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The most dangerous case: 3 ways to weaponise your iPhone

Amber Bouman | Nov. 15, 2013
My iPhone case can beat up your iPhone case. And anyone who tries to mess with me, too.

The silver case I tested felt solid yet lightweight, and the details—such as the brand name carved into the knuckle portion—were neatly executed. The case itself is a bumper with a knuckle duster on the end; all ports remain easily accessible via cutouts, but notably the frame isn't raised, so your phone will be in direct contact with any surface you set it down on.

A strip of spongy foam helps you ease the phone in and out of the case. Inserting the handset and removing it by pushing from the rear are both simple enough, and the phone seems set solidly in place. As I mentioned earlier, shaking the phone didn't dislodge it, although it did slip some.

The Knucklecase feels like a top-quality product. It also has a top-quality price. While the iPhone 4 versions are currently on sale ($40), the 5 and 5s models will set you back at least a bill ($99 to $125). The iPhone 4 case comes in Classic Silver, Ballistic Black, Warm Gold, Hot Pink, and Green Camo. The 5s model comes in silver, black, gold, and Moonshine. A 5c version is in development.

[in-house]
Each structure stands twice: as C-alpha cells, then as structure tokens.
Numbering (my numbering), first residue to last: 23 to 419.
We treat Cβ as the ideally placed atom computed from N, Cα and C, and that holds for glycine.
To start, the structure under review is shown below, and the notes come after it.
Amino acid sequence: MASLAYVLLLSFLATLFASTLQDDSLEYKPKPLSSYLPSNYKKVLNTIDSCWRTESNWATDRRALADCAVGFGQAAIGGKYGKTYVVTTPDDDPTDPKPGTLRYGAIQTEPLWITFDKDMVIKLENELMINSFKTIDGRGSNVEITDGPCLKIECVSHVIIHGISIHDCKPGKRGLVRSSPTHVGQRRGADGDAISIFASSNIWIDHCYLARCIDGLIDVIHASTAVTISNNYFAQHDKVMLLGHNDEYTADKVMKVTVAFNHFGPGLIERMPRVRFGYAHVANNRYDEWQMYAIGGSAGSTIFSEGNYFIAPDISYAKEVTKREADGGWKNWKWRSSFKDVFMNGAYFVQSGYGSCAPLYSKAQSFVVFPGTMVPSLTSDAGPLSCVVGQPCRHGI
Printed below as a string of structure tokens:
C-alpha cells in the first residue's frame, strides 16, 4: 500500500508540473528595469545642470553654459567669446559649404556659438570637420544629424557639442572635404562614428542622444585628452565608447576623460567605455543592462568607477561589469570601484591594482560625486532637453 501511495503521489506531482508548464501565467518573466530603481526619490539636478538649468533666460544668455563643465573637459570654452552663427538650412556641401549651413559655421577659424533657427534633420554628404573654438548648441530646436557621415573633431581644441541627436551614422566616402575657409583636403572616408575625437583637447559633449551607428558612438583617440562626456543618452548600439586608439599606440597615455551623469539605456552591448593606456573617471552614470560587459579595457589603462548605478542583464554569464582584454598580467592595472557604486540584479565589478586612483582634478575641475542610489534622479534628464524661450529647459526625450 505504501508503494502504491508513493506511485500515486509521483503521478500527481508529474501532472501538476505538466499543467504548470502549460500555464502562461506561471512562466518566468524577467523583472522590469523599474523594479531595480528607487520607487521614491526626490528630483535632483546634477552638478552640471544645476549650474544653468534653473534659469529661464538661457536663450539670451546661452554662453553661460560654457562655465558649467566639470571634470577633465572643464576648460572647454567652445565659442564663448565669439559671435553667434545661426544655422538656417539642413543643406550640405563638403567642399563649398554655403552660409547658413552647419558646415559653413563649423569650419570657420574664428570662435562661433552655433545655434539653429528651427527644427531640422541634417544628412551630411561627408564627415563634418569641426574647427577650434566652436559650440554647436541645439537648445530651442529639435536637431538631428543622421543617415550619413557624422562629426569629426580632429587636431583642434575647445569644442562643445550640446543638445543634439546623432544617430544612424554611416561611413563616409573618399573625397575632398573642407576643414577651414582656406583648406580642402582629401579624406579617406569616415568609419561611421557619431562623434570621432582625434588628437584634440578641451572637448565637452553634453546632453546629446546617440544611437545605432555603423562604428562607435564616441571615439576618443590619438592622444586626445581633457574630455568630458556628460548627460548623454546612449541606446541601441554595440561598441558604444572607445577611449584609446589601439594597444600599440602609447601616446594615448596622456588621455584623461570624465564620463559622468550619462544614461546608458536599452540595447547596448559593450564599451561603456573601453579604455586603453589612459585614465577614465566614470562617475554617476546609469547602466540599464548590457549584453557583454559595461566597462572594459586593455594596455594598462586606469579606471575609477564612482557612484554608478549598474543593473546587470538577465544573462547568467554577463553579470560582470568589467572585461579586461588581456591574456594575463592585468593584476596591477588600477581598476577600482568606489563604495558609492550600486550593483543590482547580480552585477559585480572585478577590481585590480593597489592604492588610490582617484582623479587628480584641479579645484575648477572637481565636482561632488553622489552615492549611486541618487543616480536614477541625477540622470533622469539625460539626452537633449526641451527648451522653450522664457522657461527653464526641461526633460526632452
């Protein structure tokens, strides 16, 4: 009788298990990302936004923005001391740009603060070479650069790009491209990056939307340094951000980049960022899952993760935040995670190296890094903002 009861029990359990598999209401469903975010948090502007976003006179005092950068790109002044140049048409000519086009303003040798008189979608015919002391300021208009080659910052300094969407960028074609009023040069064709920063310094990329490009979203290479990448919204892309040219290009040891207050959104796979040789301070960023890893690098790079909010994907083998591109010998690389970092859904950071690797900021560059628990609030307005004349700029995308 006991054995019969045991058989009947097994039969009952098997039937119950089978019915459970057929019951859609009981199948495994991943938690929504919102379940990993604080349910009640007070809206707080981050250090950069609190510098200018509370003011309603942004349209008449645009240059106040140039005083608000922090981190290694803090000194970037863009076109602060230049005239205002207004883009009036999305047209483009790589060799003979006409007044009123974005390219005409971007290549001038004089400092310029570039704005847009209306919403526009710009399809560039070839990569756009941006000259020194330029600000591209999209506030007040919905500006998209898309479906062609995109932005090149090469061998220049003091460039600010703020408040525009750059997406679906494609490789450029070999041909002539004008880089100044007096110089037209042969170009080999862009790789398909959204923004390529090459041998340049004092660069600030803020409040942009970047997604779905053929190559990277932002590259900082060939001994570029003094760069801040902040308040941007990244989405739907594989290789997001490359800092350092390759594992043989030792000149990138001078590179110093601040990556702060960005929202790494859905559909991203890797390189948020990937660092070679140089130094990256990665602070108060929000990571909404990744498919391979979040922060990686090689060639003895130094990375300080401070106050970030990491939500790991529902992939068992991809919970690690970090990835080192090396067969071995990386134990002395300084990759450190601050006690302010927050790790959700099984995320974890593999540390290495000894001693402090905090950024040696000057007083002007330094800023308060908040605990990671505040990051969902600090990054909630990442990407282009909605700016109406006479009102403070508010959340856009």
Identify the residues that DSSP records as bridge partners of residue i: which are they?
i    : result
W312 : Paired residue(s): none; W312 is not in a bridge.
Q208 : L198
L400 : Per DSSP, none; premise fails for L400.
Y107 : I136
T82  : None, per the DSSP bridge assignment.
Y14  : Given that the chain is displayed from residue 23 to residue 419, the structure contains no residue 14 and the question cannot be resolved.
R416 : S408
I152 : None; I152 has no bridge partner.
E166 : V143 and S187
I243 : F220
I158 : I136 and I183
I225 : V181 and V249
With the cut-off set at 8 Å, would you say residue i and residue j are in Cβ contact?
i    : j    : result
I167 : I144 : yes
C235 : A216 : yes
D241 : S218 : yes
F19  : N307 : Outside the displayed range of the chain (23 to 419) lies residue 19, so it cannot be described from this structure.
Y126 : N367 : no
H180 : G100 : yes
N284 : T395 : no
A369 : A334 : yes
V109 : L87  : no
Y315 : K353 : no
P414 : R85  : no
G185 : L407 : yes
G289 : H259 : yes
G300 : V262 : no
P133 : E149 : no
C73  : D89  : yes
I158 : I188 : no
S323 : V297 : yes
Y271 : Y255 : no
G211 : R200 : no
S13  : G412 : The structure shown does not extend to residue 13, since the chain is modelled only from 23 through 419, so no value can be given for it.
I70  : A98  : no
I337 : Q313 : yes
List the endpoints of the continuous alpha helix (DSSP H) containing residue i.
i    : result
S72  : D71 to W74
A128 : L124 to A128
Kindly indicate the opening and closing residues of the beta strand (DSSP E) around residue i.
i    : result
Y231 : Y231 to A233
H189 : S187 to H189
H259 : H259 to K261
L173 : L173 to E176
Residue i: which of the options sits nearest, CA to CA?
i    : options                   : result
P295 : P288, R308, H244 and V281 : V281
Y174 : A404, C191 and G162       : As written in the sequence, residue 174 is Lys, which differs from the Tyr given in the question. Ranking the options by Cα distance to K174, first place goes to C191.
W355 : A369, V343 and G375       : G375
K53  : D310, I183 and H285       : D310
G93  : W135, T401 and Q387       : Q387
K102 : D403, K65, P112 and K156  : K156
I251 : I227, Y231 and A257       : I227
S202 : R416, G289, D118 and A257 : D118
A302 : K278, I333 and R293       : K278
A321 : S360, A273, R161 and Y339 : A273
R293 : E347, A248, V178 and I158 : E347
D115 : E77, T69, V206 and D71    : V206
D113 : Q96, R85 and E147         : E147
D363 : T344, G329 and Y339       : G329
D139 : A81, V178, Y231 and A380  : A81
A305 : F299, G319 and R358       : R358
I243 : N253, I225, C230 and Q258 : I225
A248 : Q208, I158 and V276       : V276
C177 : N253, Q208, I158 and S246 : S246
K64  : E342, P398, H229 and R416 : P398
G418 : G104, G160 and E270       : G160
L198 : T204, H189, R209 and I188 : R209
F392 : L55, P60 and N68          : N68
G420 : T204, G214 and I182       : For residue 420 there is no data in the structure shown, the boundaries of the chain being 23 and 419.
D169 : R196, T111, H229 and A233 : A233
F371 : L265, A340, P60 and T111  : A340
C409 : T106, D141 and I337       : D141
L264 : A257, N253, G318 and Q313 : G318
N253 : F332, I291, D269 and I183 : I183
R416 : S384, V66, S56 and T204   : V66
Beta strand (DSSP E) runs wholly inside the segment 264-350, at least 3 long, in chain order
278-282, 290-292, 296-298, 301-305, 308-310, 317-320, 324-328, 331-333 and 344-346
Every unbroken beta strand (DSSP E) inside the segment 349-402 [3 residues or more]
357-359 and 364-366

Pepper spray: SmartGuard
A practical option, the SmartGuard is a simple case with a quick-release canister of pepper spray attached neatly to the side. No muss, no fuss: Just pop the patented canister from the case, aim at the attacker, and get away.

The coaxial nozzle delivers the spray along a center line in 6.5-second bursts. It has a range of 5 feet, and contains 10 percent Oleoresin Capsicum, which causes irritation to the eyes, respiratory system, and skin. If you find yourself in an unsavory situation, simply detach the pepper spray.

The canister pops neatly in and out of the case, and an integrated safety tab prevents it from discharging accidentally (which might make you feel better about holding it up to your face). Although I will say that the "safety tab" is essentially just one more piece of plastic on a plastic case, I never felt as though I was in danger of the spray setting off.

I must also note, however, that the canister popped in and out almost too easily. That sounds like a silly complaint, but here's my reasoning: After using and testing the case for a little over a week, I had popped the canister in and out a good number of times. Toward the end, I occasionally worried that the canister might come loose in my purse, as it was so easy to pull out from the case.

It didn't, but I wouldn't have minded a sturdier locking mechanism. The case itself, too, could stand a little beefing up. The case consists of two parts: the back, which houses the pepper spray and features cutouts for all ports, and the front, which is a thin frame that snaps into place and secures the phone to the back piece. I wouldn't have objected to a bit more padding or rubber, although the canister-holster part of the case ensured that my phone remained raised above surfaces.


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